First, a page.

Feature

Divine vegan desserts

Enjoy the healthier, vegan version of these classic dessert favourites.

Choc-cake-story

Real Food Daily double chocolate layer cake with raspberry puree.

flapjack

Steve’s Flapjacks

anzac-biccies

Anzac Biscuits

New York Style Lemon Cheesecake

New York Style Lemon Cheesecake

jelly-story

Apple and Strawberry Jelly

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Real Food Daily Double Chocolate Layer Cake with Raspberry Puree*

This cake is moist and delicious – not too sweet, but rich and chocolatey. The raspberry flavour complements the chocolate beautifully. If you haven’t got time to make the puree, just serve with fresh raspberries. You can use this sponge recipe as the basis for any chocolate cake or cupcake. Serves 12

Cake
3 cups (450 g) barley flour
¾ cup (90 g) cocoa
¼ cup (30 g) instant decaffeinated coffee (or coffee substitute powder)
1½ teaspoons baking powder
1½ teaspoons bicarbonate of soda
1 teaspoon sea salt
2 cups (500 ml) soy milk
1½ cups (375 ml) maple syrup
¾ cup (180 ml) light oil, e.g. sunflower
1½ teaspoons vanilla extract
3 teaspoons cider vinegar

Frosting
2 cups (400 g) chocolate chips
3 cups (720 g) firm silken tofu
1 cup (120 g) cocoa
¹⁄³ cup (80 ml) agave nectar
2 teaspoons vanilla extract

Raspberry puree
¾ cup (180 ml) water
¼ teaspoon agar powder
2 cups (200 g) frozen raspberries, thawed
¹⁄³ cup (80 ml) agave nectar
1 cup (100 g) fresh raspberries

Oven 170°C/325°F/Gas 3

Grease and line the base of two 23 cm (9") pans with 4 cm (1½") high sides.
For the cake, sift the flour, cocoa powder, coffee powder, baking powder, bicarbonate of soda, and salt into a large bowl. Whisk the soy milk, maple syrup, oil, vanilla and vinegar in another bowl. Mix the wet and dry ingredients until just blended. Pour the batter into the prepared pans, dividing equally. Bake for 30-40 minutes, or until a skewer inserted into the centre of each cake comes out clean and the cakes begin to pull away from the sides of the pans. Cool in the pans on a metal cooling rack for 20 minutes. Turn out the cakes onto the rack and cool completely.
For the frosting, melt the chocolate chips in a bain-marie (see box below). Blend the tofu, cocoa, agave nectar and vanilla in a food processor until smooth and creamy. Add the melted chocolate to the tofu mixture and blend well, scraping down the sides of the bowl with a spatula if needed. Transfer the frosting to a bowl. Cover and refrigerate for about an hour, or until just firm enough to spread.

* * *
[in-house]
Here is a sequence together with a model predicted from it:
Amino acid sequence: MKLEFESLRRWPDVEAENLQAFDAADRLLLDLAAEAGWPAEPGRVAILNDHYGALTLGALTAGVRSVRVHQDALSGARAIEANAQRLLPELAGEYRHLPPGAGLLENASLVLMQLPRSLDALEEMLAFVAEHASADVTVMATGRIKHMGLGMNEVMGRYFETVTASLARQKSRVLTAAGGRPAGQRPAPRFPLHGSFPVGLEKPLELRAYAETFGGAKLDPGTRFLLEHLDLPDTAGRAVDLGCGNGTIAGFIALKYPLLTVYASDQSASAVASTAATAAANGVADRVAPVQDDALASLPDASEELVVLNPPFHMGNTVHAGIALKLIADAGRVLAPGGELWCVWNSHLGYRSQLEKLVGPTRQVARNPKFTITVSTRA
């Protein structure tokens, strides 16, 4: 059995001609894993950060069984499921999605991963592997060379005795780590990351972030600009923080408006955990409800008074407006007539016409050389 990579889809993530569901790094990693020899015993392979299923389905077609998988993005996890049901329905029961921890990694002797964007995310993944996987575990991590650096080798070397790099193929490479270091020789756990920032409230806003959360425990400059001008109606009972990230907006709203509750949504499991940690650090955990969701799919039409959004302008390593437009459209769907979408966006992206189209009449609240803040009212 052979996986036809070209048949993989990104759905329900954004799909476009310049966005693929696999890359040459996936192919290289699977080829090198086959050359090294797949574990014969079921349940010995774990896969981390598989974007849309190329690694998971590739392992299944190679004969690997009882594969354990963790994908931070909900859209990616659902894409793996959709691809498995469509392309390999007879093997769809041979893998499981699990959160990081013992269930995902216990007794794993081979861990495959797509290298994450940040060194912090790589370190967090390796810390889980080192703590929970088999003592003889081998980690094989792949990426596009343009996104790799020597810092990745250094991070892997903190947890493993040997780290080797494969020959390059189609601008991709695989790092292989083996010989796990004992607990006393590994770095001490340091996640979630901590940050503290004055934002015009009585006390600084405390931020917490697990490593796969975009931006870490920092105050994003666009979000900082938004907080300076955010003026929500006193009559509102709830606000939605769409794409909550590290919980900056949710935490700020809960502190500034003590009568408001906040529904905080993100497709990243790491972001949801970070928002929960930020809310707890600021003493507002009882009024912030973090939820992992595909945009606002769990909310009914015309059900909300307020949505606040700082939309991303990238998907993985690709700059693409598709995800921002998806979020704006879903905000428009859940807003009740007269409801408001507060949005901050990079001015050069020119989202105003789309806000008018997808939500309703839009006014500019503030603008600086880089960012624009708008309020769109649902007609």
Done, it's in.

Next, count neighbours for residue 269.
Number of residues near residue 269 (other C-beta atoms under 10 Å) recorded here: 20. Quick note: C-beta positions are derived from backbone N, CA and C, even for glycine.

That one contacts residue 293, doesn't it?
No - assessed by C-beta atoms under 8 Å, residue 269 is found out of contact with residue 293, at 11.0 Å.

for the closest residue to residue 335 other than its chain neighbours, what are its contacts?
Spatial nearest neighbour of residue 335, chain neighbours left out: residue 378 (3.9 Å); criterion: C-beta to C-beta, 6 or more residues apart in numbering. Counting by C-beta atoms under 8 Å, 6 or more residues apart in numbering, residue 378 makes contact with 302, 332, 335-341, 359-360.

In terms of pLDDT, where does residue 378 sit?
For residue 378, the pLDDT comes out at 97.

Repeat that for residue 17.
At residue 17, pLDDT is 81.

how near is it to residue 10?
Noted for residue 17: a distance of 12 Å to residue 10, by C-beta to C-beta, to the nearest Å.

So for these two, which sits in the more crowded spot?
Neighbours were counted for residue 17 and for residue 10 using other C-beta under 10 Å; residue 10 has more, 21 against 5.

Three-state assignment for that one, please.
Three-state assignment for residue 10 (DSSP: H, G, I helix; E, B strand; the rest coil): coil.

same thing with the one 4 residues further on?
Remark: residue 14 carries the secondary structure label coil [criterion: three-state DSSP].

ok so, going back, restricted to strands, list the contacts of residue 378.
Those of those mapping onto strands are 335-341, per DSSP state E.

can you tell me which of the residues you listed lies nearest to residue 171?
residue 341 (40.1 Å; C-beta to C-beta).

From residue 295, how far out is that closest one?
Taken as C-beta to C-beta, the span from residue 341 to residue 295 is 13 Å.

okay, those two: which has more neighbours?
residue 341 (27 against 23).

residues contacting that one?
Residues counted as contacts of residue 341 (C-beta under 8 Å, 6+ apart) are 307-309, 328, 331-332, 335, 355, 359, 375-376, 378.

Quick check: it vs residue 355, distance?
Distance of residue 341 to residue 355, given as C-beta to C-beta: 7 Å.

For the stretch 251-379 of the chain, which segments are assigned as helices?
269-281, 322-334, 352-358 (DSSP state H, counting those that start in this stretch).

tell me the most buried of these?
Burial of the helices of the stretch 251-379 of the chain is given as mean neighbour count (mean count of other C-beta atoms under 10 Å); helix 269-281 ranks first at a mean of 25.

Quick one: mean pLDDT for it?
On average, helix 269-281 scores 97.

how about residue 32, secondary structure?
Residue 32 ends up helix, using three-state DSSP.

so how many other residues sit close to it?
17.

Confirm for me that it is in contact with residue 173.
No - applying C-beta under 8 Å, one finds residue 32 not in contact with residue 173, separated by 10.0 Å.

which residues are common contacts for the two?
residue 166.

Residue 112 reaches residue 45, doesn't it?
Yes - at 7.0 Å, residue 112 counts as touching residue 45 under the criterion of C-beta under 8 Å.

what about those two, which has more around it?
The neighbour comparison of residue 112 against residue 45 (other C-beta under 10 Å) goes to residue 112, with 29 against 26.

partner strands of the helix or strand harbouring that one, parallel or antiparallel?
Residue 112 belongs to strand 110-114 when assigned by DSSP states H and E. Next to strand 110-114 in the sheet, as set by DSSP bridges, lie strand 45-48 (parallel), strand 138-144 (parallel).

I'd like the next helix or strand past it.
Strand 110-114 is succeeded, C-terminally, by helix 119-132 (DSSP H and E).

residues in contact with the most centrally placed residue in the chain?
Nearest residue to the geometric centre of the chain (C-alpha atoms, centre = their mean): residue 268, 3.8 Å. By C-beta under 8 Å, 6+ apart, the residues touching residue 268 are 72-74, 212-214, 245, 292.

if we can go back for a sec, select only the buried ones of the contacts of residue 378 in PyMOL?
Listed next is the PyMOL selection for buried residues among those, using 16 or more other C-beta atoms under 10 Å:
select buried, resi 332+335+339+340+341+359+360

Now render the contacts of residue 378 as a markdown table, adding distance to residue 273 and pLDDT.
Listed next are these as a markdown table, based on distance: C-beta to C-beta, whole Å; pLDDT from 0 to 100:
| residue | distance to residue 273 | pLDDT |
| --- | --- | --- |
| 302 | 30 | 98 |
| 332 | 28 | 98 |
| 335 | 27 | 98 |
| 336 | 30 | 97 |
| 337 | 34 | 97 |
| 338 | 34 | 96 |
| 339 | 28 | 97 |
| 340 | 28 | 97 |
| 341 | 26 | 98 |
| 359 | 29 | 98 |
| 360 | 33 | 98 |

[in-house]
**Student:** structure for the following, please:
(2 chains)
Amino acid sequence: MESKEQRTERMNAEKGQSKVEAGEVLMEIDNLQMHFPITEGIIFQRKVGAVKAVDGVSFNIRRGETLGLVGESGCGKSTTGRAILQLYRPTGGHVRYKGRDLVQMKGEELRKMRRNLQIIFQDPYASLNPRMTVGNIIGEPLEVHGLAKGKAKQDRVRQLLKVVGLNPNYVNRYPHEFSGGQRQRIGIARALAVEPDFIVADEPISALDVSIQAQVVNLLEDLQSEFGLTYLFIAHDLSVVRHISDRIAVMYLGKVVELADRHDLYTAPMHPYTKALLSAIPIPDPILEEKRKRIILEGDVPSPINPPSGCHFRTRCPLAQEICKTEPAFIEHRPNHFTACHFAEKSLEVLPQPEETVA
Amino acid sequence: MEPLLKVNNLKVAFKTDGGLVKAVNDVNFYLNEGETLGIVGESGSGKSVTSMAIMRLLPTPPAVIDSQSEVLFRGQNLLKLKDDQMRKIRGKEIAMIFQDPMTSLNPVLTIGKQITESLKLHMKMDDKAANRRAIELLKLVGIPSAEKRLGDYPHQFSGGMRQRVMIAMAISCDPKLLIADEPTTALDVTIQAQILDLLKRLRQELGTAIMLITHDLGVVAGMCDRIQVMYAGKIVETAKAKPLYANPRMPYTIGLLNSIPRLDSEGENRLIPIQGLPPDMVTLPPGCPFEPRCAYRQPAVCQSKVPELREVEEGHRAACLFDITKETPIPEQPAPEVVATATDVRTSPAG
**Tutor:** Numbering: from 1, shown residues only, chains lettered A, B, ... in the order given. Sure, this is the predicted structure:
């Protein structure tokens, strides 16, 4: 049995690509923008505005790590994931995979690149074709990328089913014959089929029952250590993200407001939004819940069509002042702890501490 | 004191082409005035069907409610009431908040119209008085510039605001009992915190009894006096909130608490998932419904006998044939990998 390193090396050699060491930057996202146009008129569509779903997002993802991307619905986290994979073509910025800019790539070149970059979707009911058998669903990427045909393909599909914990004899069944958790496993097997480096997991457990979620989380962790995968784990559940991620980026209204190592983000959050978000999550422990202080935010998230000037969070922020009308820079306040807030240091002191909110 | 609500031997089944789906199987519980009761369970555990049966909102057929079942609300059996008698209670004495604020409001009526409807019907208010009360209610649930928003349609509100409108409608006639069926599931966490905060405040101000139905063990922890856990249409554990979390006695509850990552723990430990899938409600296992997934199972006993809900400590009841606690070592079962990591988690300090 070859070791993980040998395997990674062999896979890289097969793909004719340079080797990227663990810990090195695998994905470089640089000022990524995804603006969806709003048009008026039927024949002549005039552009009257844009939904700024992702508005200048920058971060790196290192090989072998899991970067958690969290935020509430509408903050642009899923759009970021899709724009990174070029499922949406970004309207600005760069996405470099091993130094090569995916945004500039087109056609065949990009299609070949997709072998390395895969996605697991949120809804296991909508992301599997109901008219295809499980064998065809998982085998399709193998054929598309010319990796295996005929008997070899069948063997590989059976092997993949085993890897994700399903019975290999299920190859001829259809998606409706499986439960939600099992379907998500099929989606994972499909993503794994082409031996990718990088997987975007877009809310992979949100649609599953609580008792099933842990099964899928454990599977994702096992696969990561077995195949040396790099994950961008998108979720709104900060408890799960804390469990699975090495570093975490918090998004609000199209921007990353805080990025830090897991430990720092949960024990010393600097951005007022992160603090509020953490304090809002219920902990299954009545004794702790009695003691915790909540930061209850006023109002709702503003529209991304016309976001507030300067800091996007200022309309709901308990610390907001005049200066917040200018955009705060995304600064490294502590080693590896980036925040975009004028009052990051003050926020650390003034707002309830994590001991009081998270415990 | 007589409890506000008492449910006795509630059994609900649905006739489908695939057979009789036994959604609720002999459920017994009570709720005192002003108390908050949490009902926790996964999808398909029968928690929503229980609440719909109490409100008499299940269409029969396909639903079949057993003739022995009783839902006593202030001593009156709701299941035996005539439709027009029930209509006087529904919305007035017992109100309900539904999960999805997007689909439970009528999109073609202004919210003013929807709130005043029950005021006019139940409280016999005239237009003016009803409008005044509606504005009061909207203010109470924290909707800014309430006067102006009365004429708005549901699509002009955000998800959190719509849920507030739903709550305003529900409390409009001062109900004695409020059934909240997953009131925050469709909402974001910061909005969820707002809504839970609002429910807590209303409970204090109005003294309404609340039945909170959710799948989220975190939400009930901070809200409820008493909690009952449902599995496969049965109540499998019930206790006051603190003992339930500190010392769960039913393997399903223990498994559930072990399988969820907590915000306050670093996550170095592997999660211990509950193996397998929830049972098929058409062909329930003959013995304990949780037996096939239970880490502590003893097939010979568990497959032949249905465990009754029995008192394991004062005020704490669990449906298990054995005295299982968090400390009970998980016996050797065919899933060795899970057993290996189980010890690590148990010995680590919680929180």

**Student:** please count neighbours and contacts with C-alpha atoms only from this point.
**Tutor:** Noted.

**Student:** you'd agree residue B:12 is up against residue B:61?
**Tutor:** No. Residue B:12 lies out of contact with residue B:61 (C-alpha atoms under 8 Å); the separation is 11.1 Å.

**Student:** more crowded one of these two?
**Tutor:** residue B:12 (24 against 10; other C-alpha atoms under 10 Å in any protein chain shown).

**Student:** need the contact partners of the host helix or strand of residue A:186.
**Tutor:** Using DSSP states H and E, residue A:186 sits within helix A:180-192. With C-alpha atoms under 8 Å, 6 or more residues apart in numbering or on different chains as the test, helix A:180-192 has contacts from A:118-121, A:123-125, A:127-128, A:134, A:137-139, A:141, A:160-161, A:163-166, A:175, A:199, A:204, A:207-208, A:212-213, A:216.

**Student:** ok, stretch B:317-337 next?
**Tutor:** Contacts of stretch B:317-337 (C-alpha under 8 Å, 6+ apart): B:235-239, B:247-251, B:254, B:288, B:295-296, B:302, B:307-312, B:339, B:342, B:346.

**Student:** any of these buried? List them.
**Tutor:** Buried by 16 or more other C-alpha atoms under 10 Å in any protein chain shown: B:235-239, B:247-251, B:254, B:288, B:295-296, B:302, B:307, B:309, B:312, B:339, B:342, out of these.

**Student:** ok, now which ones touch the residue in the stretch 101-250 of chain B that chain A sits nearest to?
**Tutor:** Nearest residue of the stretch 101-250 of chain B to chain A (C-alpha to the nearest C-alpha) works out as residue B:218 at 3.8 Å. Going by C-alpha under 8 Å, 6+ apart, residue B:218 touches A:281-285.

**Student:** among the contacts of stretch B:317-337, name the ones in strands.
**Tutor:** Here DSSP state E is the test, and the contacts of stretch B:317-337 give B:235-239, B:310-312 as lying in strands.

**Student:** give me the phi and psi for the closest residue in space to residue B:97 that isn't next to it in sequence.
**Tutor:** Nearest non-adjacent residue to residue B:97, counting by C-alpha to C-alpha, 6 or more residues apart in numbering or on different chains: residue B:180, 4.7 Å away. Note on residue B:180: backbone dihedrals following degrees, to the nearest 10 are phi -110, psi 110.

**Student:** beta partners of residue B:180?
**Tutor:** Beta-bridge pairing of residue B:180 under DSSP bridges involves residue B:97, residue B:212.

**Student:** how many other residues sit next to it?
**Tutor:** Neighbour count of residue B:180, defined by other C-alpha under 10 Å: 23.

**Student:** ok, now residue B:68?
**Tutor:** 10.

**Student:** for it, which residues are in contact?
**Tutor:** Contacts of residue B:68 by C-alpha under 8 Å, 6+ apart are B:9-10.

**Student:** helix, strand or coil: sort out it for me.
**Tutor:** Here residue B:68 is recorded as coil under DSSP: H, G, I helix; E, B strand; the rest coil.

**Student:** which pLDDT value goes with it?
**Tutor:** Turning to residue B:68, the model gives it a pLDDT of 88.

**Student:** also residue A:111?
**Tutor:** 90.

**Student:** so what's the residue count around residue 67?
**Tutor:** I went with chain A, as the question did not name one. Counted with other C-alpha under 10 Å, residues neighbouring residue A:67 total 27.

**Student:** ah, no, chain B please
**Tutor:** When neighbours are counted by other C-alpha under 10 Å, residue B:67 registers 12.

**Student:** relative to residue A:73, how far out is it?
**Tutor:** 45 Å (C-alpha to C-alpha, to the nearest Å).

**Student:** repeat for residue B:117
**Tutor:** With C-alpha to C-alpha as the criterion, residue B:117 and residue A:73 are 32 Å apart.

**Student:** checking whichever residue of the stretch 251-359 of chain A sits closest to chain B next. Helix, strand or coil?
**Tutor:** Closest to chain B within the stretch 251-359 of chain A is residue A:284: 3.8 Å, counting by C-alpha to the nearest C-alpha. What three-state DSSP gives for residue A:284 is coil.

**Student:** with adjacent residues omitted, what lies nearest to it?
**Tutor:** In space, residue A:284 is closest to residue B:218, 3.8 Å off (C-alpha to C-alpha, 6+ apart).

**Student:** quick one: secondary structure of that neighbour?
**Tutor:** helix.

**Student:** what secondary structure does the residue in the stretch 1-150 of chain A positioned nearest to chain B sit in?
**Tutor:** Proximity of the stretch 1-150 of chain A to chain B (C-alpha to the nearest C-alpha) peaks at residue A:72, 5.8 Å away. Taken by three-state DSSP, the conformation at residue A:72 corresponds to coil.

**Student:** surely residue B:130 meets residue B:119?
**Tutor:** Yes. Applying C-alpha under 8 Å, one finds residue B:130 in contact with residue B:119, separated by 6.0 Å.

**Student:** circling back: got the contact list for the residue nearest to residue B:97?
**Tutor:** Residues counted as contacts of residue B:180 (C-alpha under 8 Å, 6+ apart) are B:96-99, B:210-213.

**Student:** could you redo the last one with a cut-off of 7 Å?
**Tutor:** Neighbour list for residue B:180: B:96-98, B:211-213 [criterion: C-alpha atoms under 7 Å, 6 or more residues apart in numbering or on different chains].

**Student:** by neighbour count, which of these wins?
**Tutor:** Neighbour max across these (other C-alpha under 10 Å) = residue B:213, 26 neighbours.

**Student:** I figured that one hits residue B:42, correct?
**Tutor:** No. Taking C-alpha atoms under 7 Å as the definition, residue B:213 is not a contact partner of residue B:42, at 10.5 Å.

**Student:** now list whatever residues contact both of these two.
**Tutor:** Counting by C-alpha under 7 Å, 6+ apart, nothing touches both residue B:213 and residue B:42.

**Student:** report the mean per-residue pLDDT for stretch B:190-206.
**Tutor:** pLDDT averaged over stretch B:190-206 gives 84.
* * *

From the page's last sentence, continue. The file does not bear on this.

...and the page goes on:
For the raspberry puree, combine the water and agar powder in a heavy saucepan and soak for 15 minutes. Bring to a simmer over high heat and then decrease the heat to medium-low and simmer for 15 minutes, stirring frequently. Transfer the mixture to a blender. Add the thawed raspberries and agave nectar and puree until smooth. Pour the puree into a bowl and stir in the fresh raspberries. Cover and refrigerate until the puree is cold. Stir before serving.
To assemble: place 1 cake layer on a platter, spread with 1½ cups of frosting. Top with the second cake layer. Spread the remaining frosting over the sides and top of the cake using a spatula. Serve the cake with raspberry puree.
*Reprinted with permission from Ann Gentry, The Real Food Daily Cookbook: Really Fresh, Really Good, Really Vegetarian, Ten Speed Press, 2005.

Steve’s Flapjacks

Gluten Free, Low Sugar
Steve has been making these for years, without a recipe. They vary each time but are always full of spices and big chunks of fruit, nuts and seeds. Unlike many flapjack recipes, they are not at all greasy. Everybody loves them. I finally pinned him down to making a batch with me standing by measuring and weighing each ingredient. Makes 12

1/3 cup (65 g) dairy-free spread
1/3 cup (65 g) sugar
2 tablespoons agave nectar or maple syrup
1 tablespoon brown rice syrup or barley malt syrup
¾ cup (75 g) walnuts or brazil nuts or a mixture, chopped coarsely
¼ cup (35 g) each of pumpkin, sunflower and sesame seeds
½ cup (80 g) raisins or sultanas
¼ cup (35 g) each of dates and dried apricots, chopped coarsely
1 teaspoon cinnamon
½ teaspoon mixed spice
2–2½ cups (200–250 g) rolled oats

Oven: 170°C/325°F/Gas 3

Grease and line the base of a 20 cm (8") square tin.
Weigh out and chop all the ingredients before you start because once you have melted the fat and sweeteners you need to add everything quickly.
Put the dairy-free spread in a large, heavy-based pan and melt over a low heat. Add the sugar and allow it to dissolve. Then add the syrups. When the mixture is all runny, remove from heat and stir in all the other ingredients except the rolled oats.
Add most of the oats and stir well to combine. If there is still any liquid at the bottom, stir in some more oats. You want a moist but not too wet mixture. The exact quantity of oats you need depends on how much liquid they will absorb. Quick porridge oats are probably more porous than steel-cut oats, so you may not need as many.